Jim Schmidt’s revolutionary new sax goes East…

  I was interested by this statement in a recent saxontheweb topic.  As you may know, a while back, Jim Schmidt was working on a revolutionary new ‘Contralto’ – in C – saxophone with a totally different fingering system, and, certainly for the Contralto,  a completely new bore design.  Subsequently Jim  stopped development and production of the C/Contralto – I don’t know if any C’s were ever actually sold – to concentrate on the Bb/Tenor version.   Now it seems that Garret L Hypes, of Las Vegas based Saxophone.com is taking the venture a step further.  Here’s the statement –

I (Saxophone.com) have just started a collaboration with saxophone inventor Jim Schmidt and our Taiwanese business associates on his new chromatic fingered saxophone (http://users.gotsky.com/jimschmidt/default.html). This is the first real change in saxophone fingering since the Boehm fingering system patent (1847). Jim is just now finishing up marking the tone hole locations on three custom Schmidt spec body tubes manufactured and shipped to him from our Houli contracted factory. Two of these tubes will actually be finished saxophones and the third will be a tone hole guide for future production. We are also adapting his stainless steel rod, and cup technology as well as his gold dust impregnated Mylar film pads on standard Boehm system saxophones. The new saxophone will be named “AVATAR by Jim Schmidt” and will be mainly marketed in Asia. I have video of our first meeting at his workshop and I will also try my best to update the progress on Saxophone.com and Twitter (Saxophonedotcom) —Garrett

Interesting times – here’s a video showing Jim demonstrating an original hand built (prototype ?) sax to Steve Goodson and Ron Carter.  Is this the C or the Bb ?  Possibly an unfortunate coincidence that the main investor has the surname of “Hypes…”, but it’ll be interesting to see how much it will have changed as a mass-produced product.


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8 Responses to Jim Schmidt’s revolutionary new sax goes East…

  1. Gandalfe says:

    As Goodson sez in the video, “Fascinating.” Thanks for bring us up to speed.  8)

  2. Lewis Pelham says:

    It would be interesting to know the C Contralto’s bore configuration…. is it, I wonder, a small tenor or a large alto?

  3. alan says:

    Lewis – Jim is a tenor player, and I think he was initially aiming to produce a ‘tenor in C’ with a totally redesigned bore, despite the ‘Contralto’ name.  Realistically, wouldn’t you have expected him to ‘sized’ both alto and tenor dimensions and initially gone for 60% up on the alto dimensions, and 40% down on the tenor (as in the Eb-C-Bb), then tweaking ?

  4. Lewis Pelham says:

    I like your thinking Alan, but I suspect that it’s not that simple….the bore/length ratio has to be multiplied in somewhere….but certainly a good empirical starting point.
    Another approach would be to use the bore/length of a Bb tenor in the form of a straight tapered tube which could be progressively shortened to give concert Bb as the lowest note. 😀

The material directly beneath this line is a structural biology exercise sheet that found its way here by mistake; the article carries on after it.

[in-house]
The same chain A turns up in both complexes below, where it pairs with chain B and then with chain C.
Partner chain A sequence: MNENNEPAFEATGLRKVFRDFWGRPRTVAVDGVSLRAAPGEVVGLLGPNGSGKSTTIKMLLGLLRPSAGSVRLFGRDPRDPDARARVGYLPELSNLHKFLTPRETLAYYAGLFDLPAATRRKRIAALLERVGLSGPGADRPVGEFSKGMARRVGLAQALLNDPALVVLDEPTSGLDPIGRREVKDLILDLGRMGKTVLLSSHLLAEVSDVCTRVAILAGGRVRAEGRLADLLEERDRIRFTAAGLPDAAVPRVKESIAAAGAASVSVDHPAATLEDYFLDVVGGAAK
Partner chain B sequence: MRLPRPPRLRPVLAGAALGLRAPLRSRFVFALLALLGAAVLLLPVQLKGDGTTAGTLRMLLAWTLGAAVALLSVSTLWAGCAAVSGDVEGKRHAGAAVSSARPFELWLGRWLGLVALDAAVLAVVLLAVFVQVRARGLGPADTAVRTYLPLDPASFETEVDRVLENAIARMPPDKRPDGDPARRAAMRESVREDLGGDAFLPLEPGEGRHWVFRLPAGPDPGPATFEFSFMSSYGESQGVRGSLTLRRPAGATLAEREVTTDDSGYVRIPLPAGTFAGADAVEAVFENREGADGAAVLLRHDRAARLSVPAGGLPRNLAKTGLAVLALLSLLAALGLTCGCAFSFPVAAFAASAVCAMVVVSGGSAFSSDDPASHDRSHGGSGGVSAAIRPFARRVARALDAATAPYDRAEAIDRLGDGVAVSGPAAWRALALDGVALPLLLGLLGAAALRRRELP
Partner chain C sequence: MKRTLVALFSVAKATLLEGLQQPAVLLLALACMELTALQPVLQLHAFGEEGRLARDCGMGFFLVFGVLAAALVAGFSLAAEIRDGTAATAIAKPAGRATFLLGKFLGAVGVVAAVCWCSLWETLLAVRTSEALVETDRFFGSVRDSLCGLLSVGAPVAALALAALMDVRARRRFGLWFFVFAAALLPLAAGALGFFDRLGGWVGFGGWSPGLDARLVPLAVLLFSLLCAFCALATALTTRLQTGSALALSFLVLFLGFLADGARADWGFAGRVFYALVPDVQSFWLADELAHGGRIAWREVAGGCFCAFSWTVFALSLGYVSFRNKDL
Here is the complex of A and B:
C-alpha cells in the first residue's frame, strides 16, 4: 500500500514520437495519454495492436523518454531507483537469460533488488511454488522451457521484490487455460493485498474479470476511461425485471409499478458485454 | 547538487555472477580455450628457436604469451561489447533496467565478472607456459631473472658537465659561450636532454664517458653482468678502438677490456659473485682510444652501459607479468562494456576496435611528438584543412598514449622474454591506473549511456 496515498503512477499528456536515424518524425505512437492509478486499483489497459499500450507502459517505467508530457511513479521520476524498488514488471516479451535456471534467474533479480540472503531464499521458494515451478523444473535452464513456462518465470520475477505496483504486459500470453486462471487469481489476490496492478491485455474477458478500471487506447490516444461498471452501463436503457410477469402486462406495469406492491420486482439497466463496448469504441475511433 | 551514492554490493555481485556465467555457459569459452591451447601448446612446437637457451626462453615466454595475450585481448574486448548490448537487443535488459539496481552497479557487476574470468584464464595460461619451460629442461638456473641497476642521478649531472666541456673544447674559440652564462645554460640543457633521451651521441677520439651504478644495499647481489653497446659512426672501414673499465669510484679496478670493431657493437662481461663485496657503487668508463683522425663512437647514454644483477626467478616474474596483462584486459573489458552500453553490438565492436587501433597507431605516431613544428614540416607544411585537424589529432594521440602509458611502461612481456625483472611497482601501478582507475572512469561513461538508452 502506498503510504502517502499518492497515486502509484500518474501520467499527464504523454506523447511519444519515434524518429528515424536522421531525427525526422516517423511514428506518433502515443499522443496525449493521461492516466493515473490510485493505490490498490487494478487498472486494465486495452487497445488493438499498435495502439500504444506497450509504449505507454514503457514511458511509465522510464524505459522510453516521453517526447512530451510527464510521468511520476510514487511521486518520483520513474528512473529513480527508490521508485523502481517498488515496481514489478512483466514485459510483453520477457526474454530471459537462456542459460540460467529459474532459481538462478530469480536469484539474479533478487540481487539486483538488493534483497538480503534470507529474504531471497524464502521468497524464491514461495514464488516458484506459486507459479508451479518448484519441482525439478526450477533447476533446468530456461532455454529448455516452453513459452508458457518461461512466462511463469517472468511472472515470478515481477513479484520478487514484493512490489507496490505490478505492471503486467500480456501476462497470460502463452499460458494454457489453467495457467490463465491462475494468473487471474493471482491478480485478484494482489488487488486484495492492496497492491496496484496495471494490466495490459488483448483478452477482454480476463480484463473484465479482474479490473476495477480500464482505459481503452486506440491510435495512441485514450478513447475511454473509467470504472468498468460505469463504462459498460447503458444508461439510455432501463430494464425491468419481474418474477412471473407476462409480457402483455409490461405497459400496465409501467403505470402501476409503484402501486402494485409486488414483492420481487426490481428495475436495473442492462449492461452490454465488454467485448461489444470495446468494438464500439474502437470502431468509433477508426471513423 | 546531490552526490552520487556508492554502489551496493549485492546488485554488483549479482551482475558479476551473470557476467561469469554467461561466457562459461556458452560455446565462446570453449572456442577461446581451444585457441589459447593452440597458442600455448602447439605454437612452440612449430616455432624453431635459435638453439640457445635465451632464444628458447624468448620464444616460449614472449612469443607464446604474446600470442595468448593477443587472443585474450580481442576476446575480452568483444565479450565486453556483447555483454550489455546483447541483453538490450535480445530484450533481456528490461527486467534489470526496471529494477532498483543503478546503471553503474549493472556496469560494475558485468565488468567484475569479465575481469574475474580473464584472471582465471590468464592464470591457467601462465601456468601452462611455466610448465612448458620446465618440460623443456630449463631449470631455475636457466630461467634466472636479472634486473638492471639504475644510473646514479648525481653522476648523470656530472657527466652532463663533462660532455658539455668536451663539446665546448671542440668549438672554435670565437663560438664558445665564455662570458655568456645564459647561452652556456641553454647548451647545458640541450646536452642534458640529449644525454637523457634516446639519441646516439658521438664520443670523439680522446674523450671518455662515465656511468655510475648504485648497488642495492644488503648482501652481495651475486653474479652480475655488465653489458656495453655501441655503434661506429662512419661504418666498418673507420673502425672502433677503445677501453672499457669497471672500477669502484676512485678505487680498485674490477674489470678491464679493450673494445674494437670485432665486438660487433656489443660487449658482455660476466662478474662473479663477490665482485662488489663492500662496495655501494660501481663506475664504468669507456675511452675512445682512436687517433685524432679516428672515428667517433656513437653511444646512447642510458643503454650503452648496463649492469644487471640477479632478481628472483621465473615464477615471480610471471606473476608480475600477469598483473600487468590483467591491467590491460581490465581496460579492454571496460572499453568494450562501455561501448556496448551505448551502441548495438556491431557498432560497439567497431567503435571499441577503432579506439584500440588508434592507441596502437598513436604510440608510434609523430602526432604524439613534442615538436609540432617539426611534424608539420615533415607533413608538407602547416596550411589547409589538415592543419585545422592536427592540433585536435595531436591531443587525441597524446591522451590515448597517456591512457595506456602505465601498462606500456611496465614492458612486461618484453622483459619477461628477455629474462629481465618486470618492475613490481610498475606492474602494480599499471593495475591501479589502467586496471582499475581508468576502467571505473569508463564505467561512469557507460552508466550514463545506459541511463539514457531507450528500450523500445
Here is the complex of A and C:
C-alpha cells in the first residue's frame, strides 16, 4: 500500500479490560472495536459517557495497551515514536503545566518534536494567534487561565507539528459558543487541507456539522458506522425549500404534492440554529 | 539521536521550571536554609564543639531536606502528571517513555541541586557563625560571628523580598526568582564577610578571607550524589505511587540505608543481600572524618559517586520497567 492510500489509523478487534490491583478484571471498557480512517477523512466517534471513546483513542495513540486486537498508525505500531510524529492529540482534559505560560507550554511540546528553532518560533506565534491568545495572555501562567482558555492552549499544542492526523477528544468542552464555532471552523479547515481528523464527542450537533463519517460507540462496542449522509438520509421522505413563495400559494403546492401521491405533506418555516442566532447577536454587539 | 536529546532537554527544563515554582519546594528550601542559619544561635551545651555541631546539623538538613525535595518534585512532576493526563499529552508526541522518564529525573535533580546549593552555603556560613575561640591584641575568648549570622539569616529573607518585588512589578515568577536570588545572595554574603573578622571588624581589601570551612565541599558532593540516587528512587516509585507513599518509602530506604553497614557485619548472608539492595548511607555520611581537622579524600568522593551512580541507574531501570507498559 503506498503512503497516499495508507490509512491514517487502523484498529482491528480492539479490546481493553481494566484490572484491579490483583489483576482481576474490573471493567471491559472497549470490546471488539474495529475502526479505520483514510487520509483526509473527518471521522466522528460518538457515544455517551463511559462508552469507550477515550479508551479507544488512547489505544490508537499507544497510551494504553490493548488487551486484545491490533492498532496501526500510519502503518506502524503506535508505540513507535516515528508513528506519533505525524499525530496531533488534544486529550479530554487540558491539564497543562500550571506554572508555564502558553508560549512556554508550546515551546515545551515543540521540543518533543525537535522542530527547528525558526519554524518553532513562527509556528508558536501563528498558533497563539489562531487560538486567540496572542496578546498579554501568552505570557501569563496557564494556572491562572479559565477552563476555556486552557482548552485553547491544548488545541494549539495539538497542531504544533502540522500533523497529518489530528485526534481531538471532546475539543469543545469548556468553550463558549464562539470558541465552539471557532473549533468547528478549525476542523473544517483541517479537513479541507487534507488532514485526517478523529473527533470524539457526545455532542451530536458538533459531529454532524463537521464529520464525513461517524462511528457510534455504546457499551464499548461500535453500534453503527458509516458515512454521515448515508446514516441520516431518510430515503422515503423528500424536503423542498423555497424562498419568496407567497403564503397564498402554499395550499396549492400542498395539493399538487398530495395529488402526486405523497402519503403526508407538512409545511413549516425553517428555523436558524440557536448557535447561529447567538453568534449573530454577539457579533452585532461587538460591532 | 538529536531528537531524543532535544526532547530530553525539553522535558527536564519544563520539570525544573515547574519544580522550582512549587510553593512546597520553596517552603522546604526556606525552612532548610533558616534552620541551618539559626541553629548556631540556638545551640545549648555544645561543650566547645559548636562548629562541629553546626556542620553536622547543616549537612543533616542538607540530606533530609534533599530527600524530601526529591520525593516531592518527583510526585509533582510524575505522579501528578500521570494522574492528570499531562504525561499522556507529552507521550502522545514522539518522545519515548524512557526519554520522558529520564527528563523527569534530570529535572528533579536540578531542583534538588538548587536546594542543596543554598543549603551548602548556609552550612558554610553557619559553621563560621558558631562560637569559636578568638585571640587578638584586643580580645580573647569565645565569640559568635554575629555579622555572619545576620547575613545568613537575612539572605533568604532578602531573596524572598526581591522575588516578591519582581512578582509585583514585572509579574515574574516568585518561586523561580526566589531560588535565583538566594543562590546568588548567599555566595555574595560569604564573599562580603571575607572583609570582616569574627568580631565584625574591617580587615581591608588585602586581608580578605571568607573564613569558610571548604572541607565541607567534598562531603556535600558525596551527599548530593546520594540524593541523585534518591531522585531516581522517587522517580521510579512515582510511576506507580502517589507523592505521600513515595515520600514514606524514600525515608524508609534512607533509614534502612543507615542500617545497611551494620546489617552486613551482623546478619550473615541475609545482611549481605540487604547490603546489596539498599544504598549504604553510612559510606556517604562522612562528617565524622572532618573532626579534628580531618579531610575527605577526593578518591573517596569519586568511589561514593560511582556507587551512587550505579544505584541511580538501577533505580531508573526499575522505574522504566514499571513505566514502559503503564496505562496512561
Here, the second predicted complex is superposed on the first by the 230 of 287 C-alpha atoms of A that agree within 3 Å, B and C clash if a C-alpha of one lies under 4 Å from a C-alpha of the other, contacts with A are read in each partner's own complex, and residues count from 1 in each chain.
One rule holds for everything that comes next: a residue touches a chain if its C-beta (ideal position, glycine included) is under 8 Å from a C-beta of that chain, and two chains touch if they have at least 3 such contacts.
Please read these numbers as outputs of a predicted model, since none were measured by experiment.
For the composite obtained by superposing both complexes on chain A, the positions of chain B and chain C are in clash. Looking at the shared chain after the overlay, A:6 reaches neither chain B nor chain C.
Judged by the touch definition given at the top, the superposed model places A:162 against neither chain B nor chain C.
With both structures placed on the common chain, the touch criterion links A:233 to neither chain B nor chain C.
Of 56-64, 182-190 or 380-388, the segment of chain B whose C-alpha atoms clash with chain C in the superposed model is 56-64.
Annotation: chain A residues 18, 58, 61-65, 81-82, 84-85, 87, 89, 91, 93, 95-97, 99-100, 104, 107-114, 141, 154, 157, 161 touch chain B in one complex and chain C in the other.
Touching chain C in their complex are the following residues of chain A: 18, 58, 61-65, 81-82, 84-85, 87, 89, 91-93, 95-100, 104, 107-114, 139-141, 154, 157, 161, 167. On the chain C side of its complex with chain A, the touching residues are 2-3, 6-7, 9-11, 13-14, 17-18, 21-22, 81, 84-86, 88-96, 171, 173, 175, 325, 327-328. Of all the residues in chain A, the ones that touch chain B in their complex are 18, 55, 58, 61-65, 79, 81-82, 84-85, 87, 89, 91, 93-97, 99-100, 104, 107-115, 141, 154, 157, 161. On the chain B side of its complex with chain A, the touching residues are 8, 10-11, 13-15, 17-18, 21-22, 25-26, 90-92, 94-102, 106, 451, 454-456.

I feel sure that, with Log tables, it would not be too difficult to work out the positions of the tone holes bearing in mind that the top of the toneholes is the critical point….it is at this point that the standing wave takes notice.
    Finally bend the tube to place low C in the usual position & make the keywork to suit.
    Should be able to knock one out over a weekend.  😀
    PS. Would Sir like it with rolled or straight toneholes?

  5. alan says:

    Big chunky toneholes with bevelled edges please, Lewis…  Guess they’ll need to be soldered ?   😆

  6. Lewis Pelham says:

    It occurs to me, that using the taper and diameter of the Bb tenor, the length of the C tenor would be the length of a Bb tenor as far as the lower part of the opening of the low B tonehole as this is the effective length of a concert Bb attained when fingering low C on that instrument.
    The “extra” length of the Bb tenor takes it down, of course, to concert Ab.
    Positioning of the toneholes would be much easier using soldered toneholes as it would be relatively easy to make positional changes. This was probably Martin’s philosophy plus the fact that expensive metal drawing machinery was not needed. One could do that with a knife & fork.  😀

  7. Mal-2 says:

    It’s a tenor, not a contralto. During his noodling you can hear him descend to a concert Ab, which the instrument in C would not be able to reach. That said, the whole advantage seems to lie in the fingering system — it just doesn’t SOUND that much different. I bet altissimo is more consistent though, when you can vent any hole you want as opposed to just the ones that aren’t held closed by some other key. Also there won’t be any poorly vented notes, but those are already quite well concealed on conventional saxophones.

  8. Lewis Pelham says:

    Well spotted Mal.
    I have a chum who can talk for hours about reeds. You seem to have a similar obsession about altissimo; have you ever considered a nino?    😀

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